Radar Glory from Buried Craters on Icy Moons

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Science  31 Oct 1986:
Vol. 234, Issue 4776, pp. 587-590
DOI: 10.1126/science.234.4776.587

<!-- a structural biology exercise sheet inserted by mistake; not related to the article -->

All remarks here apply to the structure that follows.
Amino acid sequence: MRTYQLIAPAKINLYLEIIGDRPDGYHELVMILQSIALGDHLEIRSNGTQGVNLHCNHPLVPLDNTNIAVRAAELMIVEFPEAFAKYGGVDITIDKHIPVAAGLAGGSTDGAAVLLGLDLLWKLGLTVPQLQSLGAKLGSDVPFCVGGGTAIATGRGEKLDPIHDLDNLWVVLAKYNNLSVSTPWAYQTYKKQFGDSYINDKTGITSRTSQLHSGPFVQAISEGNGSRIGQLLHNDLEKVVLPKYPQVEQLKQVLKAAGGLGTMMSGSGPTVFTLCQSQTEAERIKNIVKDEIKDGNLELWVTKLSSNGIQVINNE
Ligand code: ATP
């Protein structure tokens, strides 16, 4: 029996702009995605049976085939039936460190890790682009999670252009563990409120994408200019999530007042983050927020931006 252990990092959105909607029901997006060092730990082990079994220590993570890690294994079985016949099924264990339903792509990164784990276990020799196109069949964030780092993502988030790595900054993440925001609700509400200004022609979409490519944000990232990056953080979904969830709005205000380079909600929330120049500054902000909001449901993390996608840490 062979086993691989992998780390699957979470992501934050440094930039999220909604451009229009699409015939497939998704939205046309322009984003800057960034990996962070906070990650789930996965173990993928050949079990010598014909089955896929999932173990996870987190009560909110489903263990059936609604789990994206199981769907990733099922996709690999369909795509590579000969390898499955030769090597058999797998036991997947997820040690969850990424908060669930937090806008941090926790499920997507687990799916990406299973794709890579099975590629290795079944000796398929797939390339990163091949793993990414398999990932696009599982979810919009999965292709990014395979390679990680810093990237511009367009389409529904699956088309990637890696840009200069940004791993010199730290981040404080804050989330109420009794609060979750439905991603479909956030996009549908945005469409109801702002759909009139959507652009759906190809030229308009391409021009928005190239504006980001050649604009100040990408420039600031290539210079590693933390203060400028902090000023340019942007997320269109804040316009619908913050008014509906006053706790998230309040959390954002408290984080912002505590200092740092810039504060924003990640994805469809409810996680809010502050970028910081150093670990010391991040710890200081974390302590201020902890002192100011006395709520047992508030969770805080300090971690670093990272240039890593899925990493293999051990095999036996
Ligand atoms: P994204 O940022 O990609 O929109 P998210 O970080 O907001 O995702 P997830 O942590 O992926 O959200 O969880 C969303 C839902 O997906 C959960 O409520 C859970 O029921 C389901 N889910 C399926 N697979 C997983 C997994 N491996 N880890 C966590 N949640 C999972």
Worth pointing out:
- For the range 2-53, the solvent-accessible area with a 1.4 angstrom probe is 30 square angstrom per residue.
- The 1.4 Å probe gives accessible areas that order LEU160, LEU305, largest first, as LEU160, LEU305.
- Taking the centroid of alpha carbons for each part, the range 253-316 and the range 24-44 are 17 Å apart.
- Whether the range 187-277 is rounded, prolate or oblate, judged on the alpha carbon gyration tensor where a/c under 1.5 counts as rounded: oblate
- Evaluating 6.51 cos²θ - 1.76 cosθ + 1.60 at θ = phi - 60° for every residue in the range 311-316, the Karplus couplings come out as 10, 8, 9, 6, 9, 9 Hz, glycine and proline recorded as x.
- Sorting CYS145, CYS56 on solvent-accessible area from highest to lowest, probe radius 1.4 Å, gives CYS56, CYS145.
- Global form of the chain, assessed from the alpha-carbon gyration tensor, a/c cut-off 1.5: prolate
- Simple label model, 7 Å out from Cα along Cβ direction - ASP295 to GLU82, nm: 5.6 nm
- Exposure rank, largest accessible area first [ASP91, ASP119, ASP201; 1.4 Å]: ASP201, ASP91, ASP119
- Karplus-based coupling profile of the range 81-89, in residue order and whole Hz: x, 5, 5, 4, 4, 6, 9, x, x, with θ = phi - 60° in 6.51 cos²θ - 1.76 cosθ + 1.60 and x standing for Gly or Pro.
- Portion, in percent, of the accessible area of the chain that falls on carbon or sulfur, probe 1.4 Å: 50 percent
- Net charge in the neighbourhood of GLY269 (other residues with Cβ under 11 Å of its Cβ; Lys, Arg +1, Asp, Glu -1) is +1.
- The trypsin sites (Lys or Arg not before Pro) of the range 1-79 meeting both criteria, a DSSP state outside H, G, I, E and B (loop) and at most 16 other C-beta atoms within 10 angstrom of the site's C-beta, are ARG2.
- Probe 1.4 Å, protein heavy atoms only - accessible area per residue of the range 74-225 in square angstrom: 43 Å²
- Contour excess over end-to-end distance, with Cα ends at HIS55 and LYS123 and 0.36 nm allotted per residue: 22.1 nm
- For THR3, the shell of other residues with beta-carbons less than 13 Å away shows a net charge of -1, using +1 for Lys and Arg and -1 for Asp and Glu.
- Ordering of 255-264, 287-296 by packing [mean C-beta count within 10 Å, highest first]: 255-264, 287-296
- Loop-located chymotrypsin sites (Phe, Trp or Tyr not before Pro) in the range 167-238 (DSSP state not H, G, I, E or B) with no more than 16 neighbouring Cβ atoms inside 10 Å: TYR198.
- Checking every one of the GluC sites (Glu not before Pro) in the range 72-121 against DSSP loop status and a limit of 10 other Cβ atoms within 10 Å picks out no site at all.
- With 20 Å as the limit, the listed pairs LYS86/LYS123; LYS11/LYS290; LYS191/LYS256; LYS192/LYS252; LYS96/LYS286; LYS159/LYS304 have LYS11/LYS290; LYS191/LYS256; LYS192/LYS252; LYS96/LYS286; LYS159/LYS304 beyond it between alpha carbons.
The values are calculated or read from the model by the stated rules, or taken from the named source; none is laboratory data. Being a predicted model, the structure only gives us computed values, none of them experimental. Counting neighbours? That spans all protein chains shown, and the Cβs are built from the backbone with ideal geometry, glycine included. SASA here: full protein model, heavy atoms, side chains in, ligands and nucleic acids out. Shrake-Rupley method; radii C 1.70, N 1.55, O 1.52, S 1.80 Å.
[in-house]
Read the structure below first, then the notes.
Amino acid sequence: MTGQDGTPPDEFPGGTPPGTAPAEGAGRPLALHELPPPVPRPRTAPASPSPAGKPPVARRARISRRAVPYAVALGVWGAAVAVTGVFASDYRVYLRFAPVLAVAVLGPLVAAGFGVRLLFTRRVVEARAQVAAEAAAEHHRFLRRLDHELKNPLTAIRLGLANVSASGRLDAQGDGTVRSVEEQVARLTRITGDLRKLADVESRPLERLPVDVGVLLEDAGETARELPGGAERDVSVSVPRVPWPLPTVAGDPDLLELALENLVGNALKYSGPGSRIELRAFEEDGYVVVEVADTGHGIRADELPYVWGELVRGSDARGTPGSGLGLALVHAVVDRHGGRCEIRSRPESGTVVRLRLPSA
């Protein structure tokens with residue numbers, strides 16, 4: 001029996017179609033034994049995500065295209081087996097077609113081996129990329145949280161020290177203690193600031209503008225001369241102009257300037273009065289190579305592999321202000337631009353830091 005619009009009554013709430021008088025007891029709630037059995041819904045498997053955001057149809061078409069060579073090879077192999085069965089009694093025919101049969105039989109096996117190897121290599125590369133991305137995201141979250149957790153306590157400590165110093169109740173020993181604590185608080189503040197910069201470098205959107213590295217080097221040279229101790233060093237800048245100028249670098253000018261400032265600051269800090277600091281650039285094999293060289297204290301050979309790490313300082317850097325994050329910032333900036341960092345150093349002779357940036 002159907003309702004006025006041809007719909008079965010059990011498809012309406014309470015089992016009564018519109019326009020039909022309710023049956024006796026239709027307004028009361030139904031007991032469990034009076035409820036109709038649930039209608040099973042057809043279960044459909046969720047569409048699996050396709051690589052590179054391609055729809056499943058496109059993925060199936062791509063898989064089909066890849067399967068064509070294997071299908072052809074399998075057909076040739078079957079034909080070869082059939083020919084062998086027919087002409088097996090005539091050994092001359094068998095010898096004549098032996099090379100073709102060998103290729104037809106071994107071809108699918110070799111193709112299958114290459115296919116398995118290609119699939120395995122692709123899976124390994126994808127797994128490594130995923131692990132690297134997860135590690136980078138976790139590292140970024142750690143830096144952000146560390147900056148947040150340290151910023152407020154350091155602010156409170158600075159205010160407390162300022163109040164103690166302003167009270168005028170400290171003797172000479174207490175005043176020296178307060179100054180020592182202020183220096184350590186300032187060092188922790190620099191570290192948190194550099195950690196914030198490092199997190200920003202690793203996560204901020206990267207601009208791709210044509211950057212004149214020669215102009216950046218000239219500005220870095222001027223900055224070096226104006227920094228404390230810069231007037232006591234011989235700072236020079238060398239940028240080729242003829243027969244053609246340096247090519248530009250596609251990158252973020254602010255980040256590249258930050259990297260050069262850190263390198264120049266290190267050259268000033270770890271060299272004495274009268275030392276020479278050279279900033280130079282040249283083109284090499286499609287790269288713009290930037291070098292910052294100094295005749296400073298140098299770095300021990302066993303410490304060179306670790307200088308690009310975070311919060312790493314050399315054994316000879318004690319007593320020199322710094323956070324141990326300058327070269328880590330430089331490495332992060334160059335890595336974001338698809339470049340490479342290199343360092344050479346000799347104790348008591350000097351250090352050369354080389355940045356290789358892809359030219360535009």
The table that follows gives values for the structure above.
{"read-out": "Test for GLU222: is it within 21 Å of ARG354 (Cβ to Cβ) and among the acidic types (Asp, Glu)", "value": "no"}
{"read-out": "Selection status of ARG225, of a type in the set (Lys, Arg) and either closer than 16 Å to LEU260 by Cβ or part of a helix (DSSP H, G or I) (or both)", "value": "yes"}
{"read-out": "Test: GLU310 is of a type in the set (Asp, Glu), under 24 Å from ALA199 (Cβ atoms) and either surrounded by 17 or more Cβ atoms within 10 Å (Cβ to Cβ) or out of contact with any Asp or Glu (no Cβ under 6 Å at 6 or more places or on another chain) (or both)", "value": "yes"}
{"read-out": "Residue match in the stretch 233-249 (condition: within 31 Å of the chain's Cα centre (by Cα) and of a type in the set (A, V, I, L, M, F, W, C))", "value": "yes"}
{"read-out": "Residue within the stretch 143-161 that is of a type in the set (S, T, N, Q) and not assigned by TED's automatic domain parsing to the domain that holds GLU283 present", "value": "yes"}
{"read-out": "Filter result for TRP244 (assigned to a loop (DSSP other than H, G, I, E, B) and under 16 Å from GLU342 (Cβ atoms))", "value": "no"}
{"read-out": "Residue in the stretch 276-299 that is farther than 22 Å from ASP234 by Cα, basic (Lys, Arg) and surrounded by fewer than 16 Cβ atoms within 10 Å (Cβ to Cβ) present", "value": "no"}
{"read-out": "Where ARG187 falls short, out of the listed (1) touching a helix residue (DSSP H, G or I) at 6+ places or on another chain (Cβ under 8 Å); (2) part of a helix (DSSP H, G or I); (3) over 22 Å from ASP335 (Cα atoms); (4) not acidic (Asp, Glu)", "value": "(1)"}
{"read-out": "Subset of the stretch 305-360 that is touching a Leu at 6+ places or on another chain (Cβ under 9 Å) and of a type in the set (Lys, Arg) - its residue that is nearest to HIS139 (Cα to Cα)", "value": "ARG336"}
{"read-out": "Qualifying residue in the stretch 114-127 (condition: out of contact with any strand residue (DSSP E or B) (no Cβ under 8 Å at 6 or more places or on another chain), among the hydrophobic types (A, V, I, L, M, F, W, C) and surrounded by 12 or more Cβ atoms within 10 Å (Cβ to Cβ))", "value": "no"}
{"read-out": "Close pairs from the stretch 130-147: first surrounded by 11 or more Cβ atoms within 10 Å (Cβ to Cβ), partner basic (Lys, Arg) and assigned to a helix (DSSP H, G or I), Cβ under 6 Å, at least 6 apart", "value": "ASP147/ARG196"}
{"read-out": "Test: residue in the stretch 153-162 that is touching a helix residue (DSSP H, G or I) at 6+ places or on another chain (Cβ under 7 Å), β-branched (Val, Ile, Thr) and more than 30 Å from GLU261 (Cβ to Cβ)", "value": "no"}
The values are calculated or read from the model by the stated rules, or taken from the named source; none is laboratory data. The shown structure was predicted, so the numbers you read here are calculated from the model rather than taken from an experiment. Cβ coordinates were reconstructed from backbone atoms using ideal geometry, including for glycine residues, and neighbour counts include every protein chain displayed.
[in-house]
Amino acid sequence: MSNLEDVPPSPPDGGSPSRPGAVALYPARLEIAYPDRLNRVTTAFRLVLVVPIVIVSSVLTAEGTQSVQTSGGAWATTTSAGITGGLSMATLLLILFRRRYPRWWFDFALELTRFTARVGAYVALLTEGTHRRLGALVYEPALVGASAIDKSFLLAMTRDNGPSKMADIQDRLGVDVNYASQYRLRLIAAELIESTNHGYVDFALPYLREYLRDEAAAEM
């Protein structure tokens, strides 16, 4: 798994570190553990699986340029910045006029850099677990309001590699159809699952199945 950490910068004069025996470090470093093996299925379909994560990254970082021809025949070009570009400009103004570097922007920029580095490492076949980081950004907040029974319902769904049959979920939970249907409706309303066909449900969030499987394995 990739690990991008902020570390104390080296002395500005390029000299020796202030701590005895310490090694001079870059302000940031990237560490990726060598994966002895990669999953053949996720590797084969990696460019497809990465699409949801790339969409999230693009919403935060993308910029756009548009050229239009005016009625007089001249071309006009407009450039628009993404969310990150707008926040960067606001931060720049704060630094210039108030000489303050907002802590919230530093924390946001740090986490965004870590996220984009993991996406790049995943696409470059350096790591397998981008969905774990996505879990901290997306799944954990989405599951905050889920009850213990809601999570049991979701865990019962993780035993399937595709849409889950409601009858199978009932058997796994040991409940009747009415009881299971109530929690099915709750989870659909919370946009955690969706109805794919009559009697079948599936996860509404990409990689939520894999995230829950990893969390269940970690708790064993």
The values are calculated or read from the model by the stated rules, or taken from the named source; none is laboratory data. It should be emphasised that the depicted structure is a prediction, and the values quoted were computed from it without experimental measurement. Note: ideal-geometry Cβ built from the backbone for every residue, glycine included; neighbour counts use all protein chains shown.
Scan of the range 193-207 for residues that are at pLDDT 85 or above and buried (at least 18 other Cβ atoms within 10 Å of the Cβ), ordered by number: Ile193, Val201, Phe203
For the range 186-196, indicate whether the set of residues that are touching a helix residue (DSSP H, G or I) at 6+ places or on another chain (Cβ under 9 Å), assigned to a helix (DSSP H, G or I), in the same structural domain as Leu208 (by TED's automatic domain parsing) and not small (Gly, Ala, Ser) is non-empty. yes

Three ice-covered moons of Jupiter, in comparison with rocky planets and Earth's moon, produce radar echoes of astounding strengths and bizarre polarizations. Scattering from buried craters can explain these and other anomalous properties of the echoes. The role of such craters is analogous to that of the water droplets that create the apparition known as "the glory," the optically bright region surrounding an observer's shadow on a cloud. Both situations involve the electromagnetic phenomenon of total internal reflection at a dielectric interface, operating in a geometry that strongly favors exact backscattering. Dim surface craters are transformed into bright glory holes by being buried under somewhat denser material, thereby increasing the intensity of their echoes by factors of hundreds. The dielectric interface thus formed at the crater walls nicely accounts for the unusual polarizations of the echoes.